Help Privacy Policy Disclaimer
  Advanced SearchBrowse




Journal Article

Indirect assessment of an interpretation bias in humans: Neurophysiological and behavioral correlates


Kanske,  Philipp
Section for Experimental Psychopathology and Neuroimaging, Department of General Psychiatry, Heidelberg University Hospital, Germany;
Department Social Neuroscience, MPI for Human Cognitive and Brain Sciences, Max Planck Society;

External Resource
No external resources are shared
Fulltext (restricted access)
There are currently no full texts shared for your IP range.
Fulltext (public)

(Publisher version), 3MB

Supplementary Material (public)
There is no public supplementary material available

Schick, A., Wessa, M., Vollmayr, B., Kuehner, C., & Kanske, P. (2013). Indirect assessment of an interpretation bias in humans: Neurophysiological and behavioral correlates. Frontiers in Human Neuroscience, 7: 272. doi:10.3389/fnhum.2013.00272.

Cite as: https://hdl.handle.net/11858/00-001M-0000-0013-77D5-5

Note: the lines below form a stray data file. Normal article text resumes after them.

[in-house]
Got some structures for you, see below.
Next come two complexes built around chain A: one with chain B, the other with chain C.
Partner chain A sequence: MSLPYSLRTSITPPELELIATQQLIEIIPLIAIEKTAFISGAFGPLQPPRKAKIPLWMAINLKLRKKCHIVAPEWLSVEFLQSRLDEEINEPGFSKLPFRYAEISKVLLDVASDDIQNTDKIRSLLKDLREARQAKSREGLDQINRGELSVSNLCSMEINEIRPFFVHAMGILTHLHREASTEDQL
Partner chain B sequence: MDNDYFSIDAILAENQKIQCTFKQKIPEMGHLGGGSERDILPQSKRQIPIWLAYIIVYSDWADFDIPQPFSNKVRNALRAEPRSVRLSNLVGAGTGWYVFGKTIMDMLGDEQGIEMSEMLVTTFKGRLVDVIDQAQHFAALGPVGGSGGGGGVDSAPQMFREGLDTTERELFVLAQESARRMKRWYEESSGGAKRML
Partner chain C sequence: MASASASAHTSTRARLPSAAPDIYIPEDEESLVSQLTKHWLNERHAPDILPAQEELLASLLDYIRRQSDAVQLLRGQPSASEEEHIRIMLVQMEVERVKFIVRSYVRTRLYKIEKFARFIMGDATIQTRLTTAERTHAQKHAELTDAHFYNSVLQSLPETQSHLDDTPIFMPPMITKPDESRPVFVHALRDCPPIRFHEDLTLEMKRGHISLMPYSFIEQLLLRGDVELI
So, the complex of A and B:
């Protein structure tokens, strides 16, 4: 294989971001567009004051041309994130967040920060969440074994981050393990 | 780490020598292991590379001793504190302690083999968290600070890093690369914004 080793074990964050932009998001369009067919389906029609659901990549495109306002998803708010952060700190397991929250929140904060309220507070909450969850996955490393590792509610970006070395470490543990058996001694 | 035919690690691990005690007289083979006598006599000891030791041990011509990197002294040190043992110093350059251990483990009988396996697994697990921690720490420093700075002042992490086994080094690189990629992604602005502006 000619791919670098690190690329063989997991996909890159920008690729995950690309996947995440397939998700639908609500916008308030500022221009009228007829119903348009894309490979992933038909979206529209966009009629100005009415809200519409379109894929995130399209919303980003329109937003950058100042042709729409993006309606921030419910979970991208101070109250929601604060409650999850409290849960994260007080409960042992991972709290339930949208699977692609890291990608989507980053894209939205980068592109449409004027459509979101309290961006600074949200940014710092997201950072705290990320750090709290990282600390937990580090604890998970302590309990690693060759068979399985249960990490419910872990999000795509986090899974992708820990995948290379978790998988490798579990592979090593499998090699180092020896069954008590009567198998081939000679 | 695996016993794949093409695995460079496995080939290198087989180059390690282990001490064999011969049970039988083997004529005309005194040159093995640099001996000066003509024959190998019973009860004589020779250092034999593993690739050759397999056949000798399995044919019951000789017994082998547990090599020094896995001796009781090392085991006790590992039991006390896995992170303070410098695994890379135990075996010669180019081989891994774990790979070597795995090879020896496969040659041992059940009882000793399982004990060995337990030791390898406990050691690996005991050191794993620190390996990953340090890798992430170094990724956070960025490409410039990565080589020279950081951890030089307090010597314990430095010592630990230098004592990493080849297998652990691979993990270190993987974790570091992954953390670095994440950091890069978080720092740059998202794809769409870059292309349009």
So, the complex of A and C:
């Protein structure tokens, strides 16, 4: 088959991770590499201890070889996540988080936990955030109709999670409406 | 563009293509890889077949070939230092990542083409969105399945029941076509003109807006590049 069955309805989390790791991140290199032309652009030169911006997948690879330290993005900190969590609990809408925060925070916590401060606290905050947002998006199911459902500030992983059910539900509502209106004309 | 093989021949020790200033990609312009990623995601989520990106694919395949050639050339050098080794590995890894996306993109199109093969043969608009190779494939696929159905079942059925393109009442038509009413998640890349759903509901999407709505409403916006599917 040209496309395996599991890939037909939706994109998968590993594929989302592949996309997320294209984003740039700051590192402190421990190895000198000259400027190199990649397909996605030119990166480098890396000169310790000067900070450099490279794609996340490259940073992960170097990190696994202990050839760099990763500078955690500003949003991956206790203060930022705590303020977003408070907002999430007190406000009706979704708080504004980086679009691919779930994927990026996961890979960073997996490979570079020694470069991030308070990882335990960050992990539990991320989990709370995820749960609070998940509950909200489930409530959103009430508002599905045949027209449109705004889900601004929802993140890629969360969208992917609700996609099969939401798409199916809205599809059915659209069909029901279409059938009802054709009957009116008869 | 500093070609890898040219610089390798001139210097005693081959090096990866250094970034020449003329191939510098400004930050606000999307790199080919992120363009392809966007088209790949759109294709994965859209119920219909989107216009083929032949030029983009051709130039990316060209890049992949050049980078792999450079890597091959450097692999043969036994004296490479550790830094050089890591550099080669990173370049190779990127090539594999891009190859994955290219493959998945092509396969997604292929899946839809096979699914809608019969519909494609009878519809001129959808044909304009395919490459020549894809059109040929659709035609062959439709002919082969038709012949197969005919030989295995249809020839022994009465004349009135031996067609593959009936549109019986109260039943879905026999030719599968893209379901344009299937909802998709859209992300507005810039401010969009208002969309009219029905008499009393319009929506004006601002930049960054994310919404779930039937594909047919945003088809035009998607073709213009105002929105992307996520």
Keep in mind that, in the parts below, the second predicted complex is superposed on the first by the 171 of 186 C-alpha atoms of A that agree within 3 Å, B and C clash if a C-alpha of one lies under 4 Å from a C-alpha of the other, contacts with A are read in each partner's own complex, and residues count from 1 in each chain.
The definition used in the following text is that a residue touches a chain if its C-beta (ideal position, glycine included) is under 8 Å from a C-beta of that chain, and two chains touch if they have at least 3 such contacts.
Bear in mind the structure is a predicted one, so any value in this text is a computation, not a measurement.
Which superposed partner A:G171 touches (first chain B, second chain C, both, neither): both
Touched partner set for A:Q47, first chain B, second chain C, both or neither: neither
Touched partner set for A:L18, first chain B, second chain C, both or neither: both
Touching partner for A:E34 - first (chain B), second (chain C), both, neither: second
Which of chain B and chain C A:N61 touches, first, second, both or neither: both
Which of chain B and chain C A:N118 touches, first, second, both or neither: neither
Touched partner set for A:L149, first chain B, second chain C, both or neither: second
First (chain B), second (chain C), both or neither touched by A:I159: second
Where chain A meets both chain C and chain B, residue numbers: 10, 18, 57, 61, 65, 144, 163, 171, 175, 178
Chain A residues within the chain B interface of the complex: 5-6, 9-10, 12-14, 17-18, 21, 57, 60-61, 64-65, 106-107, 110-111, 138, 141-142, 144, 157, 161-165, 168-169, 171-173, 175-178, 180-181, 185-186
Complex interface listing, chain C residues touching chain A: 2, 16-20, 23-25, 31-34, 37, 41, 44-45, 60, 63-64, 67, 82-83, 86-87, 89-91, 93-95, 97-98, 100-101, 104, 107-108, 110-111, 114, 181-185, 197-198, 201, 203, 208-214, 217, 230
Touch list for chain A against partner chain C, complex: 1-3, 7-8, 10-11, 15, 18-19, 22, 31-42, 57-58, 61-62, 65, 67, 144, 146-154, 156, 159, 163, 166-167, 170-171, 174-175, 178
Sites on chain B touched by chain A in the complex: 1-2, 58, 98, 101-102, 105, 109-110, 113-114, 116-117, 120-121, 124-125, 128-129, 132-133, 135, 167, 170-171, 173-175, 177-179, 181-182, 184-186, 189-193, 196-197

Affective state can influence cognition leading to biased information processing, interpretation, attention, and memory. Such bias has been reported to be essential for the onset and maintenance of different psychopathologies, particularly affective disorders. However, empirical evidence has been very heterogeneous and little is known about the neurophysiological mechanisms underlying cognitive bias and its time-course. We therefore investigated the interpretation of ambiguous stimuli as indicators of biased information processing with an ambiguous cue-conditioning paradigm. In an acquisition phase, participants learned to discriminate two tones of different frequency, which acquired emotional and motivational value due to subsequent feedback (monetary gain or avoidance of monetary loss). In the test phase, three additional tones of intermediate frequencies were presented, whose interpretation as positive (approach of reward) or negative (avoidance of punishment), indicated by a button press, was used as an indicator of the bias. Twenty healthy volunteers participated in this paradigm while a 64-channel electroencephalogram was recorded. Participants also completed questionnaires assessing individual differences in depression and rumination. Overall, we found a small positive bias, which correlated negatively with reflective pondering, a type of rumination. As expected, reaction times were increased for intermediate tones. ERP amplitudes between 300 and 700 ms post-stimulus differed depending on the interpretation of the intermediate tones. A negative compared to a positive interpretation led to an amplitude increase over frontal electrodes. Our study provides evidence that in humans, as in animal research, the ambiguous cue-conditioning paradigm is a valid procedure for indirectly assessing ambiguous cue interpretation and a potential interpretation bias, which is sensitive to individual differences in affect-related traits.